Lloyd Llewellyn Black

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Lloyd Llewellyn Black (March 15, 1889 – August 23, 1950) was a United States federal judge.

Born in Leavenworth, Kansas, Black received an A.B. from the University of Washington in 1910 and an LL.B. from the University of Washington School of Law in 1912. He was in private practice in Everett, Washington for various periods between 1913 to 1932. He was a special counsel to the City of Everett in 1916 and from 1920 to 1922, and a prosecuting attorney of Snohomish County, Washington from 1917 to 1919. He served in the United States Army towards the end of World War I, in 1918, and was later an attorney in the U.S. Army at the Port of Everett from 1923 to 1936. Black was a judge on the Superior Court, Snohomish and Island Counties, Washington from 1936 to 1939.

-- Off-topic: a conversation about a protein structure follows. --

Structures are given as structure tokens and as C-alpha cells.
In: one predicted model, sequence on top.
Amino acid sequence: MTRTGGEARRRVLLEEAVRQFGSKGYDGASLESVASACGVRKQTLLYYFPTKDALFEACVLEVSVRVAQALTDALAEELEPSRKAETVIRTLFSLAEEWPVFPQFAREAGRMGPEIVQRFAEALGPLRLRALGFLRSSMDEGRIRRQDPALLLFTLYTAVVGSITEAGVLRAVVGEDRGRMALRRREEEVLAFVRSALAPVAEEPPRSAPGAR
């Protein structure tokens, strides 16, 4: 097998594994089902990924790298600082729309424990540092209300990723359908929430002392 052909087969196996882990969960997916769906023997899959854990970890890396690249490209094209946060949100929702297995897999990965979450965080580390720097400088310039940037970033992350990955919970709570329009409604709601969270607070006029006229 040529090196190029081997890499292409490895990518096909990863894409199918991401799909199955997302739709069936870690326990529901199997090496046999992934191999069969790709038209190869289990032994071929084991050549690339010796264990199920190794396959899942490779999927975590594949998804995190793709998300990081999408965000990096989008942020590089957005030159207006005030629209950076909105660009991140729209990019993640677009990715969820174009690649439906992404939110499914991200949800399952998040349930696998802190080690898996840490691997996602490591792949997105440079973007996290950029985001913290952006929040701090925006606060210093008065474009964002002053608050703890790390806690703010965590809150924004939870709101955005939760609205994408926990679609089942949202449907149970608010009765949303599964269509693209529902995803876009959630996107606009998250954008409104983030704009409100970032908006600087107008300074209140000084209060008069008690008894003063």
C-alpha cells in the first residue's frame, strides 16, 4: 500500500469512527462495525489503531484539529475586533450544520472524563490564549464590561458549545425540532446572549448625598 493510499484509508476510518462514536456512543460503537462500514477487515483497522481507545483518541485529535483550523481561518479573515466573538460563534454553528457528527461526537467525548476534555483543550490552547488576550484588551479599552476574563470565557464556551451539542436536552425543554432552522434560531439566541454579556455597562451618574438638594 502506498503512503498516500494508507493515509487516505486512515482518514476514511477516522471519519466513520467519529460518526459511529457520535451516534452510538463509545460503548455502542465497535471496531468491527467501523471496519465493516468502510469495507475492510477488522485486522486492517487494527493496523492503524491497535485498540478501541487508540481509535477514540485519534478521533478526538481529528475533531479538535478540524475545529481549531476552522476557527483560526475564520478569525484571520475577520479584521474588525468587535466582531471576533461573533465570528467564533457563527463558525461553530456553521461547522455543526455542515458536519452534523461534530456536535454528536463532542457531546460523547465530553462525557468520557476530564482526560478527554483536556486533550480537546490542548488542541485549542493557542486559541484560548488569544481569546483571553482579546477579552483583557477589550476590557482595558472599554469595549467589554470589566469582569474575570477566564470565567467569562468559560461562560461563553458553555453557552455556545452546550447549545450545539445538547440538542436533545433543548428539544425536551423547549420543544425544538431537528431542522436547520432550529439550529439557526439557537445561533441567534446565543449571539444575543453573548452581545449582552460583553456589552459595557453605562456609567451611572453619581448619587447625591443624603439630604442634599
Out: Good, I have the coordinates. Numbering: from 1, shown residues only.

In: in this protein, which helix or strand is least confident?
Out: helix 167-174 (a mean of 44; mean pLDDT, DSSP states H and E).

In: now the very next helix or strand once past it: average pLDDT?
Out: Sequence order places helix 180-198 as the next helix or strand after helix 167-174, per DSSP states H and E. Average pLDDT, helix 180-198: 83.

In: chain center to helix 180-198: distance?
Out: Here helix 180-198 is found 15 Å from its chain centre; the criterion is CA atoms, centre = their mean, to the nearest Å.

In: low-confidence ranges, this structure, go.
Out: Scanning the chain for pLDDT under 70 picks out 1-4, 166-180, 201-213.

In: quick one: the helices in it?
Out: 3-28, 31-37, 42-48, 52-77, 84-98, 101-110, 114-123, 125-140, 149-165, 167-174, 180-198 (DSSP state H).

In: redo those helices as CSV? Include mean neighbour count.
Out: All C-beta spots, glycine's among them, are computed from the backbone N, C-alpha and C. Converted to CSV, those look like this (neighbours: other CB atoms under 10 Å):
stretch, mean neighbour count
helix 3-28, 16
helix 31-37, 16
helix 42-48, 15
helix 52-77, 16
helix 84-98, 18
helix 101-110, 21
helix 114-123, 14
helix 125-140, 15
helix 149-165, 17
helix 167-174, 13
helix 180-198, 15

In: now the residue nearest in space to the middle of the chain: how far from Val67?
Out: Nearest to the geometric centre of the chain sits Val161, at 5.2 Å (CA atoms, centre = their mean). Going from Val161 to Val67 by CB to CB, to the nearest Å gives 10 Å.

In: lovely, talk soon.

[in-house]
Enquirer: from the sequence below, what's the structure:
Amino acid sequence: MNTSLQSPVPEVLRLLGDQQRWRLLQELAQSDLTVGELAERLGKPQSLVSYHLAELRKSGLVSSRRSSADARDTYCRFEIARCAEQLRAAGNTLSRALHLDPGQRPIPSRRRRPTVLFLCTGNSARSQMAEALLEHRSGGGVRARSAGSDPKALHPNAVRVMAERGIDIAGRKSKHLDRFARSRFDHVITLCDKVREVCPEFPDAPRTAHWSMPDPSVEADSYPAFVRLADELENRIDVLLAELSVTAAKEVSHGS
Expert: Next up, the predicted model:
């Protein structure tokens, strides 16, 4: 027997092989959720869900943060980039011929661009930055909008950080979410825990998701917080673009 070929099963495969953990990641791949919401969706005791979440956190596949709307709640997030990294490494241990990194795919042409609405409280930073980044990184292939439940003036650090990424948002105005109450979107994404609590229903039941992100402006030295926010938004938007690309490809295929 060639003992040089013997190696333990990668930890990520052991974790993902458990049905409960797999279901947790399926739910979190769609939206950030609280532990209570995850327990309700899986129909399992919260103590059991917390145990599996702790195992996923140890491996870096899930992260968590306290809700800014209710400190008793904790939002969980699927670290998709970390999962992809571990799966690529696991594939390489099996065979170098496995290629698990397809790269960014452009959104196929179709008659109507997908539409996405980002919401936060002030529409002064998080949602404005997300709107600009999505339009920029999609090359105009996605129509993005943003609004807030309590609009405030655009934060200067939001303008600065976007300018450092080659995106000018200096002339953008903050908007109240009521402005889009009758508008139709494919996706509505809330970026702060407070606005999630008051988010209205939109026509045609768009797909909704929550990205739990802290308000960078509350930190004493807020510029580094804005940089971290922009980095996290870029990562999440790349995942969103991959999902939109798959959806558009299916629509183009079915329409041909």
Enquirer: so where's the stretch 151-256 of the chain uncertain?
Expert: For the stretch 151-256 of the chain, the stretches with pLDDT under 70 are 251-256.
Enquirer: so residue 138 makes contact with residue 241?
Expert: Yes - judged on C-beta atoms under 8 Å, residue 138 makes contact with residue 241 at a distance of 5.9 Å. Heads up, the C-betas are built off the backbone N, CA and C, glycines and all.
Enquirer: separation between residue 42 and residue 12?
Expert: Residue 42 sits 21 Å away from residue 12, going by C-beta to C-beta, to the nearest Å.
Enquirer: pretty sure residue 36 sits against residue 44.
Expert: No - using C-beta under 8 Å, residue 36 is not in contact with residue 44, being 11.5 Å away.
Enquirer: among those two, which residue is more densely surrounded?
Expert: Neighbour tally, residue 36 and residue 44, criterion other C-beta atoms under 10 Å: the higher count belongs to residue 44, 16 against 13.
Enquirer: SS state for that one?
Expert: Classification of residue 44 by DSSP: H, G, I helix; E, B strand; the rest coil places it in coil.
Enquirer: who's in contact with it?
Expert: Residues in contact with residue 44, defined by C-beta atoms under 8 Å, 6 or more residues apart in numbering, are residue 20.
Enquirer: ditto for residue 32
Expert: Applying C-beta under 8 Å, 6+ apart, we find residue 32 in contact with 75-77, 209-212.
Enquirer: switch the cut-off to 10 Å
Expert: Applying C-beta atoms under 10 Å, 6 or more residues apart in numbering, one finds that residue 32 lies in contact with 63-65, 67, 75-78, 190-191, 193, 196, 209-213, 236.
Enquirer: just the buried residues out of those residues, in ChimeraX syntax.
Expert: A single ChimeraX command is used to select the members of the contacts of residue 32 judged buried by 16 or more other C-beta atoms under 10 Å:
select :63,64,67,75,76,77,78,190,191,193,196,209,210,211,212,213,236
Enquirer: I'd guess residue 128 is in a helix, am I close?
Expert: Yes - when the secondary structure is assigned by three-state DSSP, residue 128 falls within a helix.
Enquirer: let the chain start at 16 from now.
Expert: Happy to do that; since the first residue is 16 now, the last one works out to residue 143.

On August 2, 1939, Black was nominated by President Franklin D. Roosevelt to a new seat on the United States District Court for the Western District of Washington created by 52 Stat. 584. He was confirmed by the United States Senate on August 4, 1939, and received his commission on August 11, 1939. On January 20, 1940, Black was reassigned by operation of law to also sit on the United States District Court for the Eastern District of Washington. Black served in both districts until his death, in 1950.